How do you manage your time well when shippers and receivers don't seen to respect it? It's tricky and the delima can sometimes be a source of stress in trucking.
Remember you have 14 hrs to be on duty and 11 hours to drive. And before 8 hours expires you must take a 30 minute break.
With Electronic Logging Devices (ELDs) it's important to consider many aspects of trucking life and plan ahead as much as possible.
Here are some things tips to consider:
You need to leave early enough to be early to your appointments. My old philosophy was to leave as early as possible especially on long trips so that you will be more likely to make your appointments even if something unexpected happens. If you want to relax do it near the destination.
With ELD or electronic logs you don't want to start the day too early just to wait all day for a later appointment and not be able to drive afterwards due to an expired 14hr clock.. So be aware and mindful of how you plan the entire trip.
One smart thing to do is to call the shipper/receiver to find out how early you can arrive. If there is an appointment at 3 will you be able to get loaded/unloaded if you arrive at 9 or should you wait? Be careful of the answer you get. Sometimes they will try to be vague and say, "maybe" or "it's a possibility" and you can hear in their voice that it is a long shot.
Often these types of people just want the truck there sitting so they know that the truck will be there. Brokers will sometimes lie to you about appointment time as well, giving you an earlier time that the actually appointment. If the truck is sitting there, then they don't have to wonder/worry about the truck making the appointment on time.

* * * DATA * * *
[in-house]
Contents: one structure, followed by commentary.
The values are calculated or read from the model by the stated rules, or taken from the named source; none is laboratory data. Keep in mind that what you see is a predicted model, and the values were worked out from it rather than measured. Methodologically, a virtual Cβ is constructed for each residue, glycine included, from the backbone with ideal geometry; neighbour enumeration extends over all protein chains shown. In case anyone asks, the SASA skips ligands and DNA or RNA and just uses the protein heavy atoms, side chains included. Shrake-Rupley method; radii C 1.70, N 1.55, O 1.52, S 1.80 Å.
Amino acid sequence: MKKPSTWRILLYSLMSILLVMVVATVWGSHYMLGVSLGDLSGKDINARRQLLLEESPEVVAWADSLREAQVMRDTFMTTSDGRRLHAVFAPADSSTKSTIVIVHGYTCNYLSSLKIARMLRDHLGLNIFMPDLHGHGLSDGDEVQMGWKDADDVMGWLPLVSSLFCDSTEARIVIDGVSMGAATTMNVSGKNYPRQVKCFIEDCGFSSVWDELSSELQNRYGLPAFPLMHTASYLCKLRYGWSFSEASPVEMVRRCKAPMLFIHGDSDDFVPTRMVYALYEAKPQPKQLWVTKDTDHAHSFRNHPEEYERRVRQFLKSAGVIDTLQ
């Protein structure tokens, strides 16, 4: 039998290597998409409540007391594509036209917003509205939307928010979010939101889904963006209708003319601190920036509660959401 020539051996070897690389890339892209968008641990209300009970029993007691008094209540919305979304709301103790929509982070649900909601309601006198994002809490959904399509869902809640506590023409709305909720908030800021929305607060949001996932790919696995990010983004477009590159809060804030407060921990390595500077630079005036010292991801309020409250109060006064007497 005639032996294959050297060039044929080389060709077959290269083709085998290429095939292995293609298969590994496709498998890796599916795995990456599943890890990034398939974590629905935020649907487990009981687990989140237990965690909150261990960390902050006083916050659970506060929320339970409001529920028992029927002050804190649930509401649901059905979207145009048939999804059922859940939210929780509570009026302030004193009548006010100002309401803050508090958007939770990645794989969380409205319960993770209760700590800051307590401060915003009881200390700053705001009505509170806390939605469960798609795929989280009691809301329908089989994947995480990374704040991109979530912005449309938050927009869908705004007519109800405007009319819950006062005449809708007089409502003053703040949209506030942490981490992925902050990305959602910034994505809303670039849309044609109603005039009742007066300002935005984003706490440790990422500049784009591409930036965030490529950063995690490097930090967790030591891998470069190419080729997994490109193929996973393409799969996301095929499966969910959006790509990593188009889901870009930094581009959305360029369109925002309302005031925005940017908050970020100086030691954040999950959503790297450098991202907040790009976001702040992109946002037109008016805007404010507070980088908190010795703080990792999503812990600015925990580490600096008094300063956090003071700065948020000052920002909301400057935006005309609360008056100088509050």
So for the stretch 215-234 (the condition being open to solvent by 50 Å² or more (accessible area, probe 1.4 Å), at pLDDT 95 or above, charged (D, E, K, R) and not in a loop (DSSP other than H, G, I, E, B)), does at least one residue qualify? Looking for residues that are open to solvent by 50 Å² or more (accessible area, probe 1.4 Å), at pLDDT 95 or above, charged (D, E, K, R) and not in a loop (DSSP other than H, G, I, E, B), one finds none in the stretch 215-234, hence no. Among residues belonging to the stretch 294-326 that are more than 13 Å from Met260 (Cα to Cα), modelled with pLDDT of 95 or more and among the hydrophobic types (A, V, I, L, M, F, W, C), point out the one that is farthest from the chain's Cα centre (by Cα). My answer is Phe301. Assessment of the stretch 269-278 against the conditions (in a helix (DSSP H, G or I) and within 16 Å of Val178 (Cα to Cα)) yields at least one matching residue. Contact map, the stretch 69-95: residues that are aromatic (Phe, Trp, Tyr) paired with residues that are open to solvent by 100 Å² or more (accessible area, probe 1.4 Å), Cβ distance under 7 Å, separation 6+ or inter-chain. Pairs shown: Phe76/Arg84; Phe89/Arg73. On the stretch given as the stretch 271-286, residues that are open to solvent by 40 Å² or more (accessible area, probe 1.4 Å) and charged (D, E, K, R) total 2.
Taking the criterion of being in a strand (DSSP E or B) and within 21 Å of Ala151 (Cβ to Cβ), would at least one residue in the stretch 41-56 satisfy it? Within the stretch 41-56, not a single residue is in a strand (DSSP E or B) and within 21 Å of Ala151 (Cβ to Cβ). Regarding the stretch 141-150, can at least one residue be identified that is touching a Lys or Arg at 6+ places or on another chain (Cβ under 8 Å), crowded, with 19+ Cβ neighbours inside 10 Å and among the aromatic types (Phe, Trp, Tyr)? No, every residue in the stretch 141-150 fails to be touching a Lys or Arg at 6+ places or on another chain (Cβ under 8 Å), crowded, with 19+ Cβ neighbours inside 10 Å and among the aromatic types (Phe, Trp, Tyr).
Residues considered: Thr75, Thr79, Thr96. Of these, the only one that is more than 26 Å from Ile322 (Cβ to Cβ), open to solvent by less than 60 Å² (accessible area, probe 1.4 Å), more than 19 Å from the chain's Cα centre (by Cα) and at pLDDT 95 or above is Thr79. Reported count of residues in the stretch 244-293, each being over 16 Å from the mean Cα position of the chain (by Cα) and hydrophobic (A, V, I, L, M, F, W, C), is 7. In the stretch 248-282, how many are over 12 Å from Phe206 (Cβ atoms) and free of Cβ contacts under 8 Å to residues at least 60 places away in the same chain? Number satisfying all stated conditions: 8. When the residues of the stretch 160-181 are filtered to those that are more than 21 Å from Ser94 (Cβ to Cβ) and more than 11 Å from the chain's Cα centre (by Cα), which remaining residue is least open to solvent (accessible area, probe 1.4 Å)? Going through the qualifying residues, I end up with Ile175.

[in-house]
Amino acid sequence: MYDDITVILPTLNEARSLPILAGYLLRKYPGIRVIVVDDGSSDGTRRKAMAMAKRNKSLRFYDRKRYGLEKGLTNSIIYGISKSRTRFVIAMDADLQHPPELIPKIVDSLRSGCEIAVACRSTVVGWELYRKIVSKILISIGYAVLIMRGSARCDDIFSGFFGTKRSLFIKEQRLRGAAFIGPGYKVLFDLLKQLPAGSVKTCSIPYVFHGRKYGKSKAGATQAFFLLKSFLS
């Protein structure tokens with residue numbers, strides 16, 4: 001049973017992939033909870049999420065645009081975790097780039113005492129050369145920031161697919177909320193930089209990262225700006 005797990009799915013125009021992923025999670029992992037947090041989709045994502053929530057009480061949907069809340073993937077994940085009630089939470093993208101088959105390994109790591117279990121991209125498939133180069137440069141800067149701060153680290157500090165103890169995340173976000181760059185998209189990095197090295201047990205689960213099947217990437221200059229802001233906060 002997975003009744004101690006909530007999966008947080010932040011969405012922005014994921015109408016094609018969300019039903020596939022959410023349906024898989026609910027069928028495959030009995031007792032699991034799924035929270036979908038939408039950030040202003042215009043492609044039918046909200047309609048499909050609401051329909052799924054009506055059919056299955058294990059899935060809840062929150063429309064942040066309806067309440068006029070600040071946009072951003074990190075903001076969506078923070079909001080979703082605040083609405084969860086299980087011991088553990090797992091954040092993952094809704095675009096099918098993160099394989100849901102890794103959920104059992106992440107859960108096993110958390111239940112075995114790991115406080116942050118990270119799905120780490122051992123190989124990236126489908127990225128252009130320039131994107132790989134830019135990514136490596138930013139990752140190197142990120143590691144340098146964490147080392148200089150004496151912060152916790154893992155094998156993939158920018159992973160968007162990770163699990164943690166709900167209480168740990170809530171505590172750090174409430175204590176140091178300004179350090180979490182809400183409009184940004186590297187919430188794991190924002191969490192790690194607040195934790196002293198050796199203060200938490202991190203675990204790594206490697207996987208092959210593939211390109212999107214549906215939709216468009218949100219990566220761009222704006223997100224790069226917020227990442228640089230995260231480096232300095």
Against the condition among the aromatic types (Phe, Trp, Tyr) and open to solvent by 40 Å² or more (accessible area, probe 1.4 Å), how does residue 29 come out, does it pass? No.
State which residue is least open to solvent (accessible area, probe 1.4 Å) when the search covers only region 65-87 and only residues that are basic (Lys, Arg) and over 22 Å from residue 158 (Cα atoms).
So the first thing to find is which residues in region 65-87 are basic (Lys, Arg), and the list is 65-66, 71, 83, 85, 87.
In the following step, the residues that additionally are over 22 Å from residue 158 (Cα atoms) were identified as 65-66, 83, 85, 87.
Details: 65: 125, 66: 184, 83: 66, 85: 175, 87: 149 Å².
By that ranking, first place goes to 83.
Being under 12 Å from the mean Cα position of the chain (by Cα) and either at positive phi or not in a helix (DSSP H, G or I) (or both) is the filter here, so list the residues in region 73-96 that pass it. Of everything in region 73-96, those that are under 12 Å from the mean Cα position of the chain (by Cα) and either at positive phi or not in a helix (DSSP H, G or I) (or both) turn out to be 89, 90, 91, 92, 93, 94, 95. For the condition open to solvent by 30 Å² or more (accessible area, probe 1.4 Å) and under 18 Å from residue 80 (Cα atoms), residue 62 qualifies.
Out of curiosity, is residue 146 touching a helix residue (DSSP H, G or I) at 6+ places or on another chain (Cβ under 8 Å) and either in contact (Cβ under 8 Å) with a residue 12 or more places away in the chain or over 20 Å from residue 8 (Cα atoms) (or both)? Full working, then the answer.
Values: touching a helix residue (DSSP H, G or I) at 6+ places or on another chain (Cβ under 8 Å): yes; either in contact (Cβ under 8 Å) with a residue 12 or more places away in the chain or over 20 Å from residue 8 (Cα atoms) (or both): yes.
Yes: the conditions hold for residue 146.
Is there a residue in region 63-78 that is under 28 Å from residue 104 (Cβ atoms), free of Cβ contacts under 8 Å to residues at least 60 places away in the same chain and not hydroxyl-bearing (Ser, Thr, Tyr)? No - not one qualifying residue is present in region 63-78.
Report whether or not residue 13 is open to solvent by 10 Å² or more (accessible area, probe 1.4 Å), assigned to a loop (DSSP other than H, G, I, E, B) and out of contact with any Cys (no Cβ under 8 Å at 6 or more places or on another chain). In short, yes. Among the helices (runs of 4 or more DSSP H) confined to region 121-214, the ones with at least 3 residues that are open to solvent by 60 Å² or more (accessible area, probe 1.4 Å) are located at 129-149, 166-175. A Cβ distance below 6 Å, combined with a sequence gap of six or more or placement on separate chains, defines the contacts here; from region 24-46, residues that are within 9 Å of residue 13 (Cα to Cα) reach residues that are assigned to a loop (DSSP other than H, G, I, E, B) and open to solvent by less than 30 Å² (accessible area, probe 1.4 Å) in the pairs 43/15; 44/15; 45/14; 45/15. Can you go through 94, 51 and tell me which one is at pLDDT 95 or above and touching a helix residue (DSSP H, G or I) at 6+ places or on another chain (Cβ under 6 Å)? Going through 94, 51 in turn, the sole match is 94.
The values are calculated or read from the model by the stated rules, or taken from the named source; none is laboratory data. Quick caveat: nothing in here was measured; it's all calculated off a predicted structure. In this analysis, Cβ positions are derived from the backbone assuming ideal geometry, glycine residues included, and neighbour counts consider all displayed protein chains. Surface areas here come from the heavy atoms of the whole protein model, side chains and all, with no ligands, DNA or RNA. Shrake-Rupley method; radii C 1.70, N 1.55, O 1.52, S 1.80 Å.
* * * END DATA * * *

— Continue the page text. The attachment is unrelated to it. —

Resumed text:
They often don't care about you wasting those hours sitting just waiting for the clock to run down.
If they sound iffy, it probably won't happen. Might be better to wait and leave for the destination in time to arrive there about an hour early. Not 5 hours early if you haven't started your clock.
This is a generalization. But is applicable to most situations. Just add your own brain power to the specific situation and apply this insight as needed.
A run that will take 2 or more days, you can still leave as early as possible. It's the day of the actually appointment that I am mostly saying be careful not to leave to early.
That said, if you have a lot of time to get to where you're going and you want to stop to chill somewhere, don't forget to be mindful of your 70 hr clock. If you stop and goof off and end up driving on 4 days, when you could have driven for 3 days and did a reset on the 4th day, then you just shorted yourself miles for the following week.
So, if its, money/miles you're after, don't let partying or even site seeing ruin that. Meet your money goals, then you can drive more leisurely. For a coast to coast trip, get close to destination then chill. Unless you make a thoughtful decision to do otherwise.
You don't know if there will be room to park so don't just drive over. Call the shipper/receiver first to make sure you have somewhere to park.
Even better, ask them if there is a dock that you can back into so that you don't have to move the truck in the morning until you're loaded or unloaded. This is awesome. Sometimes, it works out and sometimes, it doesn't.
But it means your clock won't start until you're almost ready to leave! As opposed to getting up early and driving over to the appointment. This means your clock starts and is running while being loaded/unloaded.
Strategically plan your stops. This includes your 30 minute required break. If you have other things that you need to do like fuel or take a shower. Let the stop for your 30 mins break be part of the time spent taking the shower.
Or for fueling, you could fuel, then instead of parking in front of the isle and going inside, you could go straight to a parking spot. Log off duty and get your receipt while you're on break on the way to the bathroom or picking up your lunch.
This video was made before ELD but it addresses some parts of time management that is still relevant regardless of Electronic logs. It also talks about not running legal and avoiding driver fatigue.
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